Kristen Sparrow • January 16, 2020
I’ve been interested in learning techniques for a few years now. I had to do a lot of memorizing in college (Biochemistry) and in Medical School and I had lots of tricks. But I’ve learned some new ones and can only wish that I had some of the resources available now. Memory castle, is the one they talk about here. But paced recall, summarizing chapters, making reading active by relating the new material to known material, chunking. All help. I’ve yet to embark on a big project of learning, but the little I’ve done has already helped.
the researchers took 51 subjects who had never previously engaged in memory training and divided them into an experimental group and two control groups. Experimental subjects underwent six weeks of intense memory training for half an hour each day using the centuries-old method of loci strategy still popular with memory champions: They learned how to map new information such as numbers or names onto familiar spatial locations such as those in their homes. The active control group trained for a working memory task called the n-back that does not train long-term memory. Meanwhile the passive control group received no training.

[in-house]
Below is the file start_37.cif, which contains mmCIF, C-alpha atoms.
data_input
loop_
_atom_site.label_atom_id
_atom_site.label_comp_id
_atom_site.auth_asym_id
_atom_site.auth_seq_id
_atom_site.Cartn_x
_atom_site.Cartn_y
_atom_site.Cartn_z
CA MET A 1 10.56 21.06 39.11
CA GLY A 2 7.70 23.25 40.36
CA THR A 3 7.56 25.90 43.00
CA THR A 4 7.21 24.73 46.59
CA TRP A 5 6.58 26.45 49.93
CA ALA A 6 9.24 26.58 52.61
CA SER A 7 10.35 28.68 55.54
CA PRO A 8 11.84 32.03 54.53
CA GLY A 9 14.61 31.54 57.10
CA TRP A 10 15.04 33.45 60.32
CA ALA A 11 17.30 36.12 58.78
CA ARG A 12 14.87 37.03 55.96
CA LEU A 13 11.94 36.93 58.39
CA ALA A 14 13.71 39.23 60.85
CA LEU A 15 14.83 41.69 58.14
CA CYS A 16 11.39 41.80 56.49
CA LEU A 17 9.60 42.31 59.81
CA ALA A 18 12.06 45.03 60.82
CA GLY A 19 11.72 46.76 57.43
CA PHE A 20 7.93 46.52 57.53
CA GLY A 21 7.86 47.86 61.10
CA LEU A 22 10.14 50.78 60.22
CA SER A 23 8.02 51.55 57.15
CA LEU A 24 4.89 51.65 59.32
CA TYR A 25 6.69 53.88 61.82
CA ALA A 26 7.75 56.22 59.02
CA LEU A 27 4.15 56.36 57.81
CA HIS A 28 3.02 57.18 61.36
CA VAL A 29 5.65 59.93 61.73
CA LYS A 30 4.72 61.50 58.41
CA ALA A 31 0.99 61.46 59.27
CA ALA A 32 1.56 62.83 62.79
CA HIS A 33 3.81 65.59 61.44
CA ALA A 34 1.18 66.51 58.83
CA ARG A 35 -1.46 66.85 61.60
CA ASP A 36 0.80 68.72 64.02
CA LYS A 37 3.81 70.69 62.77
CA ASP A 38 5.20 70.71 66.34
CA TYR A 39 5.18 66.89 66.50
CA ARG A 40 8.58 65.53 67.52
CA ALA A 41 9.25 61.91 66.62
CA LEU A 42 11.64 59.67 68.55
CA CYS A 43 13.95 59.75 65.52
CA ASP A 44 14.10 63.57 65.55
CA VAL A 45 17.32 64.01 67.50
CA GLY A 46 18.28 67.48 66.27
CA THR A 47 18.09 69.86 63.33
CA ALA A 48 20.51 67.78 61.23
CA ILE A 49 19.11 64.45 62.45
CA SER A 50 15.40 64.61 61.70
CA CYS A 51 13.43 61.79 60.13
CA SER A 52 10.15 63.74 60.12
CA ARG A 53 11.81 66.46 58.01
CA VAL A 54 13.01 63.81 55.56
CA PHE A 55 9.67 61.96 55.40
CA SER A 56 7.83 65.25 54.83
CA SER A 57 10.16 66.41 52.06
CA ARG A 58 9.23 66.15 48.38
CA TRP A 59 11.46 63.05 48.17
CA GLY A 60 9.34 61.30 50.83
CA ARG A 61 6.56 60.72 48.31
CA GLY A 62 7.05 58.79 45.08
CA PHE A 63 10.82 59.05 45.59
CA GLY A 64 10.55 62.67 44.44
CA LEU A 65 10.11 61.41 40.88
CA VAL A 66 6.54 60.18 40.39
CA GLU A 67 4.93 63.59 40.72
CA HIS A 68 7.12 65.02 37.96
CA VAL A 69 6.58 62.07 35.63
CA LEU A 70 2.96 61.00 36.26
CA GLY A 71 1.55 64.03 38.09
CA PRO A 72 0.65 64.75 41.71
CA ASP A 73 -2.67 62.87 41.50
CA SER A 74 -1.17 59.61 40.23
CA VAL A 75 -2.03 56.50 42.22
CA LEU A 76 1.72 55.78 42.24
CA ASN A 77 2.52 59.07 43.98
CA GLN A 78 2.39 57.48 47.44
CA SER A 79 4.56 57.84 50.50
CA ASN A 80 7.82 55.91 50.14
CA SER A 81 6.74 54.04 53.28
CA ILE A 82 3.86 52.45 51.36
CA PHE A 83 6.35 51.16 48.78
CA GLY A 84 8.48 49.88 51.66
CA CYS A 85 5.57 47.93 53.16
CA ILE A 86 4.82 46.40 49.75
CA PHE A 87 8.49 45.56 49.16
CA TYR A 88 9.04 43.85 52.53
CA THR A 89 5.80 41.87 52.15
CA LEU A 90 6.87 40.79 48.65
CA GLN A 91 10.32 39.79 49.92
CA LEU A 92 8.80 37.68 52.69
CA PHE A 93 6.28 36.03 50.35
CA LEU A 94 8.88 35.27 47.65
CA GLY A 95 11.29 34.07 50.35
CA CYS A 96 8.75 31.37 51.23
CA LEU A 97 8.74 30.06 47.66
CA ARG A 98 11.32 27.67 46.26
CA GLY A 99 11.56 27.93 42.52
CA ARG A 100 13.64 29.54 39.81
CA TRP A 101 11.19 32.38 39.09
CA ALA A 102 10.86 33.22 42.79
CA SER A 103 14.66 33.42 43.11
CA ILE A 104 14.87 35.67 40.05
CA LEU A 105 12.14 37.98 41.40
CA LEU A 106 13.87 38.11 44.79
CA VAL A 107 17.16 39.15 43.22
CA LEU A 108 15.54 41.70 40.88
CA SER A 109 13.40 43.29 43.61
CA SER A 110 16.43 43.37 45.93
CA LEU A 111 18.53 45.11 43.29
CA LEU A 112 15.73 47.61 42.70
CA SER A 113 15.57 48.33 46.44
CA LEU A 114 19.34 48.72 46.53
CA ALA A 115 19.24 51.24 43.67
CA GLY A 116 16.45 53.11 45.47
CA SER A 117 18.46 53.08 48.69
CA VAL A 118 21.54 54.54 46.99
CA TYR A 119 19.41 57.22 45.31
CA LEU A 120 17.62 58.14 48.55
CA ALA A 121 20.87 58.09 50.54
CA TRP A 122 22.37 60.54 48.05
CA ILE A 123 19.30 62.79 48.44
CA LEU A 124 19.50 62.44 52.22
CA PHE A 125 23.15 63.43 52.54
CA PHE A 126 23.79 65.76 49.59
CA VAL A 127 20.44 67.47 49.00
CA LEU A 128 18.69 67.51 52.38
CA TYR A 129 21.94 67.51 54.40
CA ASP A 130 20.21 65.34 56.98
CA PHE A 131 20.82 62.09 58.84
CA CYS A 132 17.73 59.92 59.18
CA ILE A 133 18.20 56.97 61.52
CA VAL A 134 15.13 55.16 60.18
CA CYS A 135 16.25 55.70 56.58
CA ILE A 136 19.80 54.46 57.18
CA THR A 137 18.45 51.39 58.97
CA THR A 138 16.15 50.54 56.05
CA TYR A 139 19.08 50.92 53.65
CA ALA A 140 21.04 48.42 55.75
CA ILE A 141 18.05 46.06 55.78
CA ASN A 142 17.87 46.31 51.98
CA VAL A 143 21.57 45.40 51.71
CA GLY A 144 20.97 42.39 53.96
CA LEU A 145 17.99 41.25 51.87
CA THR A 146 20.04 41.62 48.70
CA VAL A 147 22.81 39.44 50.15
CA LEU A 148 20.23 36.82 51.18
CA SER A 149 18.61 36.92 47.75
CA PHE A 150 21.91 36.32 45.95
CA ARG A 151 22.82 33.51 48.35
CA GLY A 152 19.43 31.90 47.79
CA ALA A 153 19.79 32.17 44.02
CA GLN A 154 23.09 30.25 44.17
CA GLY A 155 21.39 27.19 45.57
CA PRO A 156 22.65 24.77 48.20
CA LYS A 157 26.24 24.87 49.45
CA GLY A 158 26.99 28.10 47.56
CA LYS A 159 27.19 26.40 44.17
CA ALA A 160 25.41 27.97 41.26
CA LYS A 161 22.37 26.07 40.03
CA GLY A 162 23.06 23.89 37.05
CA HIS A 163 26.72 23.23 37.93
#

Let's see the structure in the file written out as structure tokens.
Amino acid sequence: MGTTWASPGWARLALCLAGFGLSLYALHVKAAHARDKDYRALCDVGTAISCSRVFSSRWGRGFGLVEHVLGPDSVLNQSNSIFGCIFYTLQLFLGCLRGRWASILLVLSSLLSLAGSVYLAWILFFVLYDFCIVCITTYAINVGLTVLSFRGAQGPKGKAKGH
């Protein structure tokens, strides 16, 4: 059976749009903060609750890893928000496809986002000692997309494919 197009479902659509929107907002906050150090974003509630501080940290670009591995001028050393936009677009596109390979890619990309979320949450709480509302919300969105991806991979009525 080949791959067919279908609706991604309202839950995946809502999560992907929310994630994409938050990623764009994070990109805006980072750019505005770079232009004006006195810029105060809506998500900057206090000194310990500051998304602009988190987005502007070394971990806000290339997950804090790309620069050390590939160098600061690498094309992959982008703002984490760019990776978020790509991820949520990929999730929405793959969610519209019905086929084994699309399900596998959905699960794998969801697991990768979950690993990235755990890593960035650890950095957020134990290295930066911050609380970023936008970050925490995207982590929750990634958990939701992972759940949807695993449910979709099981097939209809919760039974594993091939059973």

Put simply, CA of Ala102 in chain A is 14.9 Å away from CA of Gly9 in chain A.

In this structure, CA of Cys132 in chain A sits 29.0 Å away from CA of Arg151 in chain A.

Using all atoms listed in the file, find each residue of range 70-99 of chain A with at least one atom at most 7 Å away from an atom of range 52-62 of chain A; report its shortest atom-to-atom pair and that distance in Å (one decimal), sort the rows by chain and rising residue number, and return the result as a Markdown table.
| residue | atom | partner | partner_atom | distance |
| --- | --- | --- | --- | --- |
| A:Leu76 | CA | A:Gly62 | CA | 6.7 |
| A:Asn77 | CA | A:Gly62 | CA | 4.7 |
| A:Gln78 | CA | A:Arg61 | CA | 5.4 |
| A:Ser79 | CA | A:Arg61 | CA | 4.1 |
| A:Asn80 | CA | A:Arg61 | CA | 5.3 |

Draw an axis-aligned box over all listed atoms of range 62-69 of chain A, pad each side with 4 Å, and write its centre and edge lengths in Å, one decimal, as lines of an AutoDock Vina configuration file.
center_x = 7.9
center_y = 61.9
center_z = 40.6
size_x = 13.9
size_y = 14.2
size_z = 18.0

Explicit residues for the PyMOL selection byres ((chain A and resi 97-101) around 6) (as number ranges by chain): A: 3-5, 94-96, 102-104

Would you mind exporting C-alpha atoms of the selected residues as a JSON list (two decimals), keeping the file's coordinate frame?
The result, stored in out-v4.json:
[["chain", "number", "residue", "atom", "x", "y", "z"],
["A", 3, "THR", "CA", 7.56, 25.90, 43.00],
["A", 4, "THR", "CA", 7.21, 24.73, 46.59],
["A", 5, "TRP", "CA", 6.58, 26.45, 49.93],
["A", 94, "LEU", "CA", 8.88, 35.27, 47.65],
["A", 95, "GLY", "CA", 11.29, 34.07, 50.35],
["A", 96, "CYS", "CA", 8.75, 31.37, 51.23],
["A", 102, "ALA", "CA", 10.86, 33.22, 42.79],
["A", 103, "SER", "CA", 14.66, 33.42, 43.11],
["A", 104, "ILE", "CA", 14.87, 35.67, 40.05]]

After training, the experimental subjects improved significantly at memory tasks (whereas neither control group improved) yet did not exhibit any structural brain changes. Their brain-connection patterns during resting-state and task-based fMRI scans, however, became more similar to those of memory champs, a change that correlated positively with memory improvements. “I think the interesting part is that not only can you boost memory in a similar way behaviorally in normal subjects compared with memory athletes,” Dresler says, “but on the brain level you see a reflection of that behavioral increase, and you drive the brains of naive subjects into the patterns of the best memorizers in the world.”